A while ago I put out a call to ask questions to a cosmetic doctor. It turned out that you especially wanted to know more about fillers and botulinum toxin. I have found the cosmetic doctors of the Van Rosmalen clinic willing to answer the most frequently asked questions. Are you reading along? Note: in the article we are talking about botulinum toxin and not about Botox because Botox is a registered brand name of the Canadian company Allergan.
Are injectables (botulinum toxin and fillers) safe and have they been researched?
Unfortunately, as we age, our skin loses fat and muscle strength diminishes. The fat sags and folds and wrinkles appear. If you still want smooth and tight skin, realize that an expensive cream, despite the promises on the jar, will not help. Only with injectables you get a tight and firm skin again. The origin of injectables (both fillers and botulinum toxin) is medical.
Botulinum Toxin, a naturally purified protein produced by the bacterium Clostridium Botulinum, was originally intended as a remedy for squinting (strabismus) and excessive blinking of the eyelid muscle. The fact that we know the product mainly as a wrinkle-fighting agent is thanks to the Canadian ophthalmologist, Dr. Jean Carruthers. She notices that patients, whom she treats with the medicine for spastic eyelids, have fewer and fewer wrinkles. In 1992 she published about this in the Journal of Dermatologic Surgery and Oncology (1992). The conclusion is that botulinum toxin can be used simply and safely in the treatment of horizontal wrinkles on the forehead, vertical wrinkles between the eyebrows, crow’s feet along the eyes and the small wrinkles on the sides of the nose. By switching off the underlying facial muscles, the face relaxes and the skin becomes beautifully smooth.
Permanent fillers have been banned in the Netherlands since 2015. The clinics certified by NVCG use semi-permanent fillers consisting of the body’s own and degradable material, such as hyaluronic acid. A filler is injected under the skin, attracts and retains moisture, smoothing and filling the skin. Always check that a clinic, such as the Van Rosmalen clinic, only uses fillers that have been approved by the FDA (Food and Drug Administration). Years of research and trials are required before a drug is approved by the FDA.
In the clinics certified by the NVCG that treat according to the guidelines of the NVCG, doctors who have a lot of experience with injectables work. They follow an annual (mandatory) additional training to maintain the certification and have been awarded the title of cosmetic doctor KNMG since the beginning of this year.
How do pigment spots develop, can you prevent them and how do you get them away?
Pigment colors our eyes, skin and hair and protects our skin against UV radiation. If we expose our skin to the sun for too long, the cells that make pigment get confused, causing buildups of pigment: these are the dark spots on your skin. There are different types of pigmentation spots such as age spots and a pregnancy mask or melasma. Age or sun spots are common in people over the age of 50. They are brown spots on the skin that has been (too) exposed to sunlight, such as hands and face. The spots are almost always benign and are most common on your face, décolleté or arms. They are caused by exposure to sunlight or medication. When you are pregnant, these spots can become more intense under the influence of pregnancy hormones. We call this a ‘pregnancy mask’. After childbirth, these harmless spots disappear again. Melasma and age spots can be treated in different ways. The very best advice is prevention. Through education, do not expose the skin excessively to harmful sunlight from an early age and apply SPF30 or higher every day, even when it rains. Skin damage caused by the sun is stored in the DNA and can develop into skin cancer at an older age.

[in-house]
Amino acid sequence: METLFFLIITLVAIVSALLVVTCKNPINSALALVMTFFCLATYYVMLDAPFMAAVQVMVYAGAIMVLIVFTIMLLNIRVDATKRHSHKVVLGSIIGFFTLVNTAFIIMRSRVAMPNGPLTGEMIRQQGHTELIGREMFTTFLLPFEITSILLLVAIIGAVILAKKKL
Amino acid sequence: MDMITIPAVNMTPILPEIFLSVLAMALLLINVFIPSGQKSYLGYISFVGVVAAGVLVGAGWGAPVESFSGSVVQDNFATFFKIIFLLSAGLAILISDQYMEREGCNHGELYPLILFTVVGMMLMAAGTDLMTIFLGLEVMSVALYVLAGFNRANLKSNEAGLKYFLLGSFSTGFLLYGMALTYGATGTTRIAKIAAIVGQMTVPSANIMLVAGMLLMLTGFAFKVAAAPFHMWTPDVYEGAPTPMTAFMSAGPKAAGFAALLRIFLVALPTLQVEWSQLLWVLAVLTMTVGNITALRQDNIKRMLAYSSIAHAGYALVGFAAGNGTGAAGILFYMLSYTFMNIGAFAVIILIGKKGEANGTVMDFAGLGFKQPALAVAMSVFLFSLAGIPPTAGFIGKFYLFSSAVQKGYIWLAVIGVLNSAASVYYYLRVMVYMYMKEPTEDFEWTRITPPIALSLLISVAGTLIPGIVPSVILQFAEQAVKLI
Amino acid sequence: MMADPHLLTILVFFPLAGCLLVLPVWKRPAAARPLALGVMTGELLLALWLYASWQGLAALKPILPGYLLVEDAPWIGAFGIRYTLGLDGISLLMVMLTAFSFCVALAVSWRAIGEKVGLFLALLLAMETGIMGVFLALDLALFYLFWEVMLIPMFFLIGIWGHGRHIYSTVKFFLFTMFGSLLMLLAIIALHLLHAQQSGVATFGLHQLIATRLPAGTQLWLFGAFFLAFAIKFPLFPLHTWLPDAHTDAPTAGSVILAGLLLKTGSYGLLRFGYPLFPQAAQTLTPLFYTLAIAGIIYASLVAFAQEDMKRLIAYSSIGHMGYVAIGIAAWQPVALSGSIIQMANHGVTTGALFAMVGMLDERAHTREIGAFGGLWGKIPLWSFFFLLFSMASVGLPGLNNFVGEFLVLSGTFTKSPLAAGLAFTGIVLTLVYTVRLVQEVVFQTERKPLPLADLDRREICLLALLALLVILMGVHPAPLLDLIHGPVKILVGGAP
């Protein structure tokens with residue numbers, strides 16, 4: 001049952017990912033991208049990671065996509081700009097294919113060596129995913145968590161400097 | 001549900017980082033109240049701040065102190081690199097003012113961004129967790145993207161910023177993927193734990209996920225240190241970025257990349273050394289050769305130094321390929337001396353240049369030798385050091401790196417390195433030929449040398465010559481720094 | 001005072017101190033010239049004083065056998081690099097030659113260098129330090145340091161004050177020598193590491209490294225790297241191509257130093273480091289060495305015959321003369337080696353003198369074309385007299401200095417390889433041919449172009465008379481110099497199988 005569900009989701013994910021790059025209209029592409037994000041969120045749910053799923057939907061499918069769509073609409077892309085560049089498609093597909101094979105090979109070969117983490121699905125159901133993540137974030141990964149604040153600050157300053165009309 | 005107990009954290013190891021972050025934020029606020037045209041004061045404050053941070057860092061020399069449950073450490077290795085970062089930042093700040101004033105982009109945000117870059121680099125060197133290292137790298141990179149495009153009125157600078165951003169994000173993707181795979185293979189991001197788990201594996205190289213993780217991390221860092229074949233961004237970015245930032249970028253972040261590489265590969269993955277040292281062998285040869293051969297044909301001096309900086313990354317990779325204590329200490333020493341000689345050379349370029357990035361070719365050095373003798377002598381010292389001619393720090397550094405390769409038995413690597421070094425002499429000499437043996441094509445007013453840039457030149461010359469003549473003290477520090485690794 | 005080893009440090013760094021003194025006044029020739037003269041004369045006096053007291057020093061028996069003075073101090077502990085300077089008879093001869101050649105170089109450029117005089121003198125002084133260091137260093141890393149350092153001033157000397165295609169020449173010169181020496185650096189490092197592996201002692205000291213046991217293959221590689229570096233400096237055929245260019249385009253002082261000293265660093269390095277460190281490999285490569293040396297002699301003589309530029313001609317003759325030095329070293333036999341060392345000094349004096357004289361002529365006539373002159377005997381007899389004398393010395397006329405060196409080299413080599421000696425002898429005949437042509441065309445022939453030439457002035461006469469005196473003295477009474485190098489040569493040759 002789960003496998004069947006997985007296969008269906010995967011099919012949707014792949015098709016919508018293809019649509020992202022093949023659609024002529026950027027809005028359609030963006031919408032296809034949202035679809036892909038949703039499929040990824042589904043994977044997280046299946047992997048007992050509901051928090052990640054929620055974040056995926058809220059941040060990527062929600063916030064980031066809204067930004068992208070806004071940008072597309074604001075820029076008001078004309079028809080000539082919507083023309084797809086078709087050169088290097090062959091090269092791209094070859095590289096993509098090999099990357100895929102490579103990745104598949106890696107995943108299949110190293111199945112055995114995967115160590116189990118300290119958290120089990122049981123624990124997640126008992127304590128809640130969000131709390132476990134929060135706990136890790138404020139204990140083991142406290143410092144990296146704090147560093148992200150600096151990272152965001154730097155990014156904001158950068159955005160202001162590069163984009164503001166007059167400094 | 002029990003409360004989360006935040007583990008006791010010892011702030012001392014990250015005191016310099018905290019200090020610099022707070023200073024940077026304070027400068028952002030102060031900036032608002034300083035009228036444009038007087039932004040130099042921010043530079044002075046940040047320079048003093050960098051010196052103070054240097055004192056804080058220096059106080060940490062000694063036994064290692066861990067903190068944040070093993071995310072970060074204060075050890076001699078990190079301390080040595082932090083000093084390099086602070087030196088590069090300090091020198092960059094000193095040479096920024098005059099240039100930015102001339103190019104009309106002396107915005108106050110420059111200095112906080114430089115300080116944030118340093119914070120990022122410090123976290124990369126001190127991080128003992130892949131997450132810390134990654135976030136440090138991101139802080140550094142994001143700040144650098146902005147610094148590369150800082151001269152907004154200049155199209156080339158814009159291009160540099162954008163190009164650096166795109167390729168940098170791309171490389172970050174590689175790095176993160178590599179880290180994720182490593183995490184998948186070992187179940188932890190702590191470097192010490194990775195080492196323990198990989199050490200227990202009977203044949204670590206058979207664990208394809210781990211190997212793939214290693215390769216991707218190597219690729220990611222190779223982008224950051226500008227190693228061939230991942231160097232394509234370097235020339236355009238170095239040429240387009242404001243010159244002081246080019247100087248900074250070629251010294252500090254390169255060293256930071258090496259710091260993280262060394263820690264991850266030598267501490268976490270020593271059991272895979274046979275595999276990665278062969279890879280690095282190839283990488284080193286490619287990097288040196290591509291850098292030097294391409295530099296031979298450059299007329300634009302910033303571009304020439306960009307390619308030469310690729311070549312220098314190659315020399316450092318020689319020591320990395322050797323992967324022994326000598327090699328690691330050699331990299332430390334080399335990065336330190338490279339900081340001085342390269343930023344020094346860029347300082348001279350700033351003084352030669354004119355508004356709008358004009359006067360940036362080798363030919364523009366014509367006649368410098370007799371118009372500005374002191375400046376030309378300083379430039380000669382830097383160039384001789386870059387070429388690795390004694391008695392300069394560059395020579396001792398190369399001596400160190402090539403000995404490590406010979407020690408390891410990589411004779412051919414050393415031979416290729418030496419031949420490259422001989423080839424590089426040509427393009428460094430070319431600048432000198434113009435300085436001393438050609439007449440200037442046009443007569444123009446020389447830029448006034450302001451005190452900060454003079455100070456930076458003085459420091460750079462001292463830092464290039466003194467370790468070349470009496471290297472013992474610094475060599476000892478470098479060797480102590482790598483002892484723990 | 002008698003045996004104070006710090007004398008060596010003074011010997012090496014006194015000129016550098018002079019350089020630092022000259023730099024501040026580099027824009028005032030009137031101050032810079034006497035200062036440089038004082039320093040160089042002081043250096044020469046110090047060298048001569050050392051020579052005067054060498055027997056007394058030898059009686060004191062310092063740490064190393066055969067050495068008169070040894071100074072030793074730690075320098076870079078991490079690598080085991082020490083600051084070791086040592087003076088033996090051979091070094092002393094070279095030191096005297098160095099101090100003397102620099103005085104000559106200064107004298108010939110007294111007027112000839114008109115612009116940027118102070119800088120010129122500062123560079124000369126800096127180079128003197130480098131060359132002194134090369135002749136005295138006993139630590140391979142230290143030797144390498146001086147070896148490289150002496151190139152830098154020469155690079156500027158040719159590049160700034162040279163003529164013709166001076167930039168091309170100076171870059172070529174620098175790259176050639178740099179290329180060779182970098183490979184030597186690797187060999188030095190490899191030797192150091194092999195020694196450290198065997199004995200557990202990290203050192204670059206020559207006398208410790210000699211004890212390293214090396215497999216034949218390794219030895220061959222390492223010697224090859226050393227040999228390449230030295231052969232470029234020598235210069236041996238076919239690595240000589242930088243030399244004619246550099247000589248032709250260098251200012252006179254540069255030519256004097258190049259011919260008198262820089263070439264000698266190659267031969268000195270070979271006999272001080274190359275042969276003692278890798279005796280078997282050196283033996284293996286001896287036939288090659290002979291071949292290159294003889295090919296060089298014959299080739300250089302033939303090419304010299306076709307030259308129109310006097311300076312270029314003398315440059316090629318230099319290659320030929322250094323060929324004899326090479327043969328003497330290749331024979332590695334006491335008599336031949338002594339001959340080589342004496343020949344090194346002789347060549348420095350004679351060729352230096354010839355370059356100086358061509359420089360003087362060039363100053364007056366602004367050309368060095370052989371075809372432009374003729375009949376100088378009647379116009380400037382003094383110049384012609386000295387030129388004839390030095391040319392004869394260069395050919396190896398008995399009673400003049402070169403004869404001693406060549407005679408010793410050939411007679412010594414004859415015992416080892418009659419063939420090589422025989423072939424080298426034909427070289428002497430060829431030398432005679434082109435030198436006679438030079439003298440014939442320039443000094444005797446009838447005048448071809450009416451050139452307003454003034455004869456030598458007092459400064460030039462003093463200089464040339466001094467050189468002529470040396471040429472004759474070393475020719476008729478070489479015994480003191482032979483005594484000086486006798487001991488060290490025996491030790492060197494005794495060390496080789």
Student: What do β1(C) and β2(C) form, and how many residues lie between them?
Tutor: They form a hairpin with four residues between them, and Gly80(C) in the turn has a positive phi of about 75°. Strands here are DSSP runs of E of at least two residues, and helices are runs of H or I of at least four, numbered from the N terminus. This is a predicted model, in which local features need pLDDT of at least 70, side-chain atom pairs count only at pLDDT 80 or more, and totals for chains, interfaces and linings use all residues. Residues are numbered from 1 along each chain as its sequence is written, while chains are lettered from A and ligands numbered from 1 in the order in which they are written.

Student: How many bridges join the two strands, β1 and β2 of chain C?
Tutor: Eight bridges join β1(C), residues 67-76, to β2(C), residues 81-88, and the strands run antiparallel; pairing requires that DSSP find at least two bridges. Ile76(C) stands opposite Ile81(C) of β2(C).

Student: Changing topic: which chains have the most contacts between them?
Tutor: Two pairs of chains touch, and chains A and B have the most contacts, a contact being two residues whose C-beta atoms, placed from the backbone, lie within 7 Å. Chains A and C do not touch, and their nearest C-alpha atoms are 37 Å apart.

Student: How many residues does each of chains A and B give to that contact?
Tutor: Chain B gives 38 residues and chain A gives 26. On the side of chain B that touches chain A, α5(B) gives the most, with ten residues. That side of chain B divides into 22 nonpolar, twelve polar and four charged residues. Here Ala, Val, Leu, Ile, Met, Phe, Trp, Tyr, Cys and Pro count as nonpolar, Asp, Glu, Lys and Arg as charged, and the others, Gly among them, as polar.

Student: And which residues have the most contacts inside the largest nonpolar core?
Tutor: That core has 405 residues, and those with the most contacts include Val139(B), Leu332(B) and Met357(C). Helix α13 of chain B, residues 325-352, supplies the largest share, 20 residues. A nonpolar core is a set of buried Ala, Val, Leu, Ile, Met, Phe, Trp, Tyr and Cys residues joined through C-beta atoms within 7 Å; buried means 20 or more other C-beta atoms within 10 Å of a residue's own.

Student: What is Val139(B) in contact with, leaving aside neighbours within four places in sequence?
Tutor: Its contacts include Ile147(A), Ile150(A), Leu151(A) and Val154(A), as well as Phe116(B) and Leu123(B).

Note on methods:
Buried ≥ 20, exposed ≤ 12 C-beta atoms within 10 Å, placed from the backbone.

In general, all pigmentation spots can be treated. Whether they will disappear completely depends on a number of factors such as size, color and skin type. Pigmentation spots can be treated with the laser, a peel or cryop. And because beautiful skin starts at home, we advise our clients to invest in good skin care products that really do something for your skin, such as cosmeceuticals. These products have a high concentration of active ingredients that lighten the pigment spots, such as the Mela Cream from Skinceuticals.
Cryopen: the cryopen can freeze the spot with high pressure to the nearest millimeter so that the surrounding tissue is not damaged. After the treatment, the skin around the spot may turn a little red. This disappears after a few days, just like the scab on the treated area. For a good result, this treatment should be repeated 3 to 4 times. The cryopen does not cause scarring.
Laser: The laser treatment aims to remove the excessive and unwanted pigment in the skin and is only suitable for dark spots. The doctor or skin therapist flashes laser beams towards the skin cells. These energy pulses are absorbed by the pigment in the skin, so that it breaks down and the pigment is reduced. The advantage of laser therapy is that you can aim the laser flashes well, so that the skin cells around the pigmentation spot remain largely undamaged. The laser flash feels like a pinprick. After the treatment, the pigmentation spot sometimes turns a bit darker, this usually improves again. For superficial pigmentation spots, 1 to 2 treatments are required. For deeper pigment spots, several treatments (8-10) are required to achieve a good result.
Peels: pigmentation spots can also be reduced with a chemical peel. This removes the top skin cells and pigment granules from the epidermis. The result is an improved and fresher skin structure. Several treatments are required for good results. The effectiveness of a peel depends on the strength of the acid used. The deeper the peeling goes, the better the result.